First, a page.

Music: Soundbites

Jennifer Rodger
Thursday 04 June 1998 23:02

Suggs from Madness

Twenty years, reformed for the fourth time. Will the fat lady sing?

The band didn't break up, we just fizzled out one by one, arms and legs fell off and so we never had a final concert. There was of course a "last" one. Eight years later, after not doing anything during that time as Madness, Virgin released Divine Madness, and it did much better than anyone expected. Then Mean Fiddler was doing a party at Finsbury Park, had a spare day and asked us whether we fancied having a go. We were really amazed, because we hadn't played together for so long, that it still appealed to so many people. We were very worried, in the nicest possible sense. But it sold out and we ended up doing two days. Quite a phenomenon, though I do say so myself.

A good idea?

We were the first to make our own festival. A lot of bands, like Stereophonics and the Verve are doing it now. You can squeeze all the platitudes for yourself. But if people want to spend that amount of money and hang around in a field, it's good to have other bands as well.

A regular event?

We have done three concerts already, so they may last into perpetuity. Sinatra kept on saying it was his last concert for 30 years. Whenever we have said that, the momentum has gathered and off we go again.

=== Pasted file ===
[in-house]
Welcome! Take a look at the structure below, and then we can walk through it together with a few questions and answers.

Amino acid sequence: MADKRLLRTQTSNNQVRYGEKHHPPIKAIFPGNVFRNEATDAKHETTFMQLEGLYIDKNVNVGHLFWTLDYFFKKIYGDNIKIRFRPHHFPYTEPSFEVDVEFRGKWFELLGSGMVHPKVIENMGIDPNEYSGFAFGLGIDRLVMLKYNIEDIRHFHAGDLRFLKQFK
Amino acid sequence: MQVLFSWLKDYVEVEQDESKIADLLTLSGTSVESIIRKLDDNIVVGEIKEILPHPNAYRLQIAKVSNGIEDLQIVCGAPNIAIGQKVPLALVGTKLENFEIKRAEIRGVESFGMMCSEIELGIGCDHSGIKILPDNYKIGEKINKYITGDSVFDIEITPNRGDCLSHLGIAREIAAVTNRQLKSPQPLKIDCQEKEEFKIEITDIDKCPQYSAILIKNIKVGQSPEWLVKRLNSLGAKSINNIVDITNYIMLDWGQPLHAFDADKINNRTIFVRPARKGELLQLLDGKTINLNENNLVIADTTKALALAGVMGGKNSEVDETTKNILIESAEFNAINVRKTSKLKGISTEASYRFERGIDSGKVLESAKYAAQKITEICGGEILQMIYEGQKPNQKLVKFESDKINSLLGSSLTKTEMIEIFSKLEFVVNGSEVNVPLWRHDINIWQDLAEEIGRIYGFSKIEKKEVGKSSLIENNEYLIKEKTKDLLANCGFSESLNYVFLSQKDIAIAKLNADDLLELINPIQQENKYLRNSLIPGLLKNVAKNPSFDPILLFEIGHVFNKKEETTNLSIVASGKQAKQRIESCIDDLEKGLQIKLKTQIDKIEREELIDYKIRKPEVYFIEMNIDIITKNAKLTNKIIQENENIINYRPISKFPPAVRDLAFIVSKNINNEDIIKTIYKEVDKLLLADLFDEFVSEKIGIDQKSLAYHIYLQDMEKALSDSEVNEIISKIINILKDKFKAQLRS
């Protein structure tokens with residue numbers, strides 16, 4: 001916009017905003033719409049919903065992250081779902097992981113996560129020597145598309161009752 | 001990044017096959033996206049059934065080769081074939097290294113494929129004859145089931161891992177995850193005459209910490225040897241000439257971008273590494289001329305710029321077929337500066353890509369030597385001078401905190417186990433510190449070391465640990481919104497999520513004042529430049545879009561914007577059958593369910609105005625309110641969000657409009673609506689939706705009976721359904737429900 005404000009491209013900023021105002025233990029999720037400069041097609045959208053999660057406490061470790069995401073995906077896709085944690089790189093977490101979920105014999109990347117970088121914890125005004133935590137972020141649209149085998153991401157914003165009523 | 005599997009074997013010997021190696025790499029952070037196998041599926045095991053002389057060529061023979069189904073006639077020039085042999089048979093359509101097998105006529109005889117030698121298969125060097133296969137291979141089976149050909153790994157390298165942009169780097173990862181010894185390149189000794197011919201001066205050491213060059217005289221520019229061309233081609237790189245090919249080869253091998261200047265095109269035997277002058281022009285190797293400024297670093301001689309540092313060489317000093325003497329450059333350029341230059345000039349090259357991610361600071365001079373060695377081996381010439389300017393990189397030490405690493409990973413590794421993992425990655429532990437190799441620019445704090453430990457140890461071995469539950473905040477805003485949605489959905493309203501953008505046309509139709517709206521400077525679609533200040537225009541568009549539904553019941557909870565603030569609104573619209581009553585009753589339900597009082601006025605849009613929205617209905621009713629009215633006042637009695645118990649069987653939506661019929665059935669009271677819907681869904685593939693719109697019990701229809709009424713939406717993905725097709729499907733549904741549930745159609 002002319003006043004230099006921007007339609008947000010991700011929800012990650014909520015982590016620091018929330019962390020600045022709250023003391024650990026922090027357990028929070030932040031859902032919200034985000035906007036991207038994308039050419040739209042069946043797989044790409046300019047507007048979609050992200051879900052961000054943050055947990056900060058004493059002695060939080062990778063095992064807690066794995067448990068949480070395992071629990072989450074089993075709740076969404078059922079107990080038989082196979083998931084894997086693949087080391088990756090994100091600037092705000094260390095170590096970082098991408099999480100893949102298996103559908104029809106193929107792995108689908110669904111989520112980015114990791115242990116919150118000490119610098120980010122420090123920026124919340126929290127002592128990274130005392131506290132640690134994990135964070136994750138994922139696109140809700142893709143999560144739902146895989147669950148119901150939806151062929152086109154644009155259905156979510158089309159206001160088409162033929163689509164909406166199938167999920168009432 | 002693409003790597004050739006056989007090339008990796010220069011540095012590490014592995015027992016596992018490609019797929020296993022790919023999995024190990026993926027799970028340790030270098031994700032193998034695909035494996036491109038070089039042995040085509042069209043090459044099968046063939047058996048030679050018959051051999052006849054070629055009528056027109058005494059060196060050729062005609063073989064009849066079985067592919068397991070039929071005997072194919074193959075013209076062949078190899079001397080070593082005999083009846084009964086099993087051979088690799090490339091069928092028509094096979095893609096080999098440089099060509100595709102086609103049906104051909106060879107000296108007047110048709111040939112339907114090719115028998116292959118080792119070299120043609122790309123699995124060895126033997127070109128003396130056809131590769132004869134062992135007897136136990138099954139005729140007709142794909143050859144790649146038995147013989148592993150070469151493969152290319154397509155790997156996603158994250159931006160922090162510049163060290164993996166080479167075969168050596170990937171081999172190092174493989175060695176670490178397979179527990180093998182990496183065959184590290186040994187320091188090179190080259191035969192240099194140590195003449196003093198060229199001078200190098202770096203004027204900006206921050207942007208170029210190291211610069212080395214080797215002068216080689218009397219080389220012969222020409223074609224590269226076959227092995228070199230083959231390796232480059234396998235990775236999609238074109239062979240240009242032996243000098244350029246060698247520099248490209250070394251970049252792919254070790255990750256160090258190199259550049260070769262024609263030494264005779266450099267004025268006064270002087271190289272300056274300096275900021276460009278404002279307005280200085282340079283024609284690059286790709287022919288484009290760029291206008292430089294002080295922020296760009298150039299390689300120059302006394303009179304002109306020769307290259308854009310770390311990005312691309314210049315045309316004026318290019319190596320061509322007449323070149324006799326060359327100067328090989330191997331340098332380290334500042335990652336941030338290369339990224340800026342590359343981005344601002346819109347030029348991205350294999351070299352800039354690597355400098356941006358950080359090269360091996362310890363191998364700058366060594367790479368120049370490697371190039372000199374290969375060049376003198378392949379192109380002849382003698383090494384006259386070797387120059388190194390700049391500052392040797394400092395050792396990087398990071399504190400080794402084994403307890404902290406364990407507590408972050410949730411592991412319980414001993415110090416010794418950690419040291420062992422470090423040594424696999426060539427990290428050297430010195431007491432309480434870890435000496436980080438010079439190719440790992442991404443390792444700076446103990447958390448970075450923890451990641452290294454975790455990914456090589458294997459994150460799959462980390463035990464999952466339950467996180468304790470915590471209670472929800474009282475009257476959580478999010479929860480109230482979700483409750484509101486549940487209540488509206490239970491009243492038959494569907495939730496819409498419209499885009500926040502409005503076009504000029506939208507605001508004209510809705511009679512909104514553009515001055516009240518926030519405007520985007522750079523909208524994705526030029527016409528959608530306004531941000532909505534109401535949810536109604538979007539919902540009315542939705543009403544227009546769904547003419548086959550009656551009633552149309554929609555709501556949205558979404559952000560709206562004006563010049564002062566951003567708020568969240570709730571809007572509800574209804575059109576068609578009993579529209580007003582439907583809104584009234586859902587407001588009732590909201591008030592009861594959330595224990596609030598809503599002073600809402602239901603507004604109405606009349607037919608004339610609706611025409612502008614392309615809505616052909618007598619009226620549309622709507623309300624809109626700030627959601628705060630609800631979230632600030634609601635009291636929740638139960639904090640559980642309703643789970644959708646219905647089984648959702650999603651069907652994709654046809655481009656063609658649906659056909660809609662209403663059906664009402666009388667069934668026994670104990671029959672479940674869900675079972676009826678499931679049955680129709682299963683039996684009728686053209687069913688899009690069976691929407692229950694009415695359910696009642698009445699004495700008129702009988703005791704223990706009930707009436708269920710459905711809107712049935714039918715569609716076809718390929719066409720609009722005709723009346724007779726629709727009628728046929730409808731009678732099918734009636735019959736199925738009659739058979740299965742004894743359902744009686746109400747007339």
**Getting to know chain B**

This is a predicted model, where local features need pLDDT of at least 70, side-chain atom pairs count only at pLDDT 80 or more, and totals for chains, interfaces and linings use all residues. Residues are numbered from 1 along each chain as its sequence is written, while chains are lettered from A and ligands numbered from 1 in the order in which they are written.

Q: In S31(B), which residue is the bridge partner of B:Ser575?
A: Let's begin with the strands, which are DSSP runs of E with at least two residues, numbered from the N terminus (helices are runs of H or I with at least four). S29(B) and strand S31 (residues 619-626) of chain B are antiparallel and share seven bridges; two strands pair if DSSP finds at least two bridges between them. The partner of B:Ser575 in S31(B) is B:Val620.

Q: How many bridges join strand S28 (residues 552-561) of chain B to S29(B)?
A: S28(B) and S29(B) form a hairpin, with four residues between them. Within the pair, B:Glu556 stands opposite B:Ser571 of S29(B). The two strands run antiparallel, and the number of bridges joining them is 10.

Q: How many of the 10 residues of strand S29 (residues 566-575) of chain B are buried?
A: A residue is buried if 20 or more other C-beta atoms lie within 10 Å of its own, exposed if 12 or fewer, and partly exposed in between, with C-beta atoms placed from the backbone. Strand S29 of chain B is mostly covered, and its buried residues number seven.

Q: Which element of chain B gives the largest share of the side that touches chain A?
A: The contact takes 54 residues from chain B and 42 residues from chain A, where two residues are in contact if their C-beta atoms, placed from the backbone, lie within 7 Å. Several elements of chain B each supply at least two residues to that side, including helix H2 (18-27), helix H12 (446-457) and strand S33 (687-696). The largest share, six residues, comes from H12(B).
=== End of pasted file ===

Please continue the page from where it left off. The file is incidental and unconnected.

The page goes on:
Does Madness decide who will perform?

To a greater or lesser extent. We make sure that they are compatible. This year for instance we have Desmond Dekker and Toots & the Maytals, both bands who have really influenced Madness.

Madness will perform..?

All the hits, and we might play a couple of new songs.

So Madness could reform?

We still talk about doing another record. We write a song a year. Recently we went to America where they have this ska thing and we were seen as the grandfathers of ska. Since our demise, everyone has scattered so it's a bit haphazard, especially with seven people in the band. I am doing a solo record which will be out in August. It will be a bit rougher and readier, a mix of styles that has the same Madness touch with a hint of magic.

What else?

The most tasteful televisual experience in the firmament of television - I present Saturday Night Fever, on Channel 5. It is not a work of art, but it was never intended to be. It is taking on it's own entity as well, somewhere between kitsch and real.

Are you the Mad geezer?

I suppose you are required to be happier than the average person. But I am, so it's lucky. People who really listen to the albums know that there are enough other elements to be space for other things. What is important is that you are happy with where your head is at. Madness changed. At first we jumped up and down and shouted. But bit by bit it became more musical. Now we have come back as a mixture of both. At the end of the first incarnation, we weren't doing the more showman songs, like "One Step Beyond". We were fed up with being one dimensional.

Madstock is like?

You get coach loads from Leeds who are wearing their 1978 Madness T-shirt with stomachs sticking out. We are not the latest thing, but at the same time it has its own entity. People identify Madness with important parts of their lives, so are genuinely moved. We don't do it often so it has a certain reality. I find it exhilarating, humbling.

Madstock IV starring Madness, with special guest Finley Quaye, and featuring Space, Catatonia, Toots & The Maytals, Alabama 3, Desmond Dekker, Jazz Jamaica and many more at Finsbury Park, London on Sunday .

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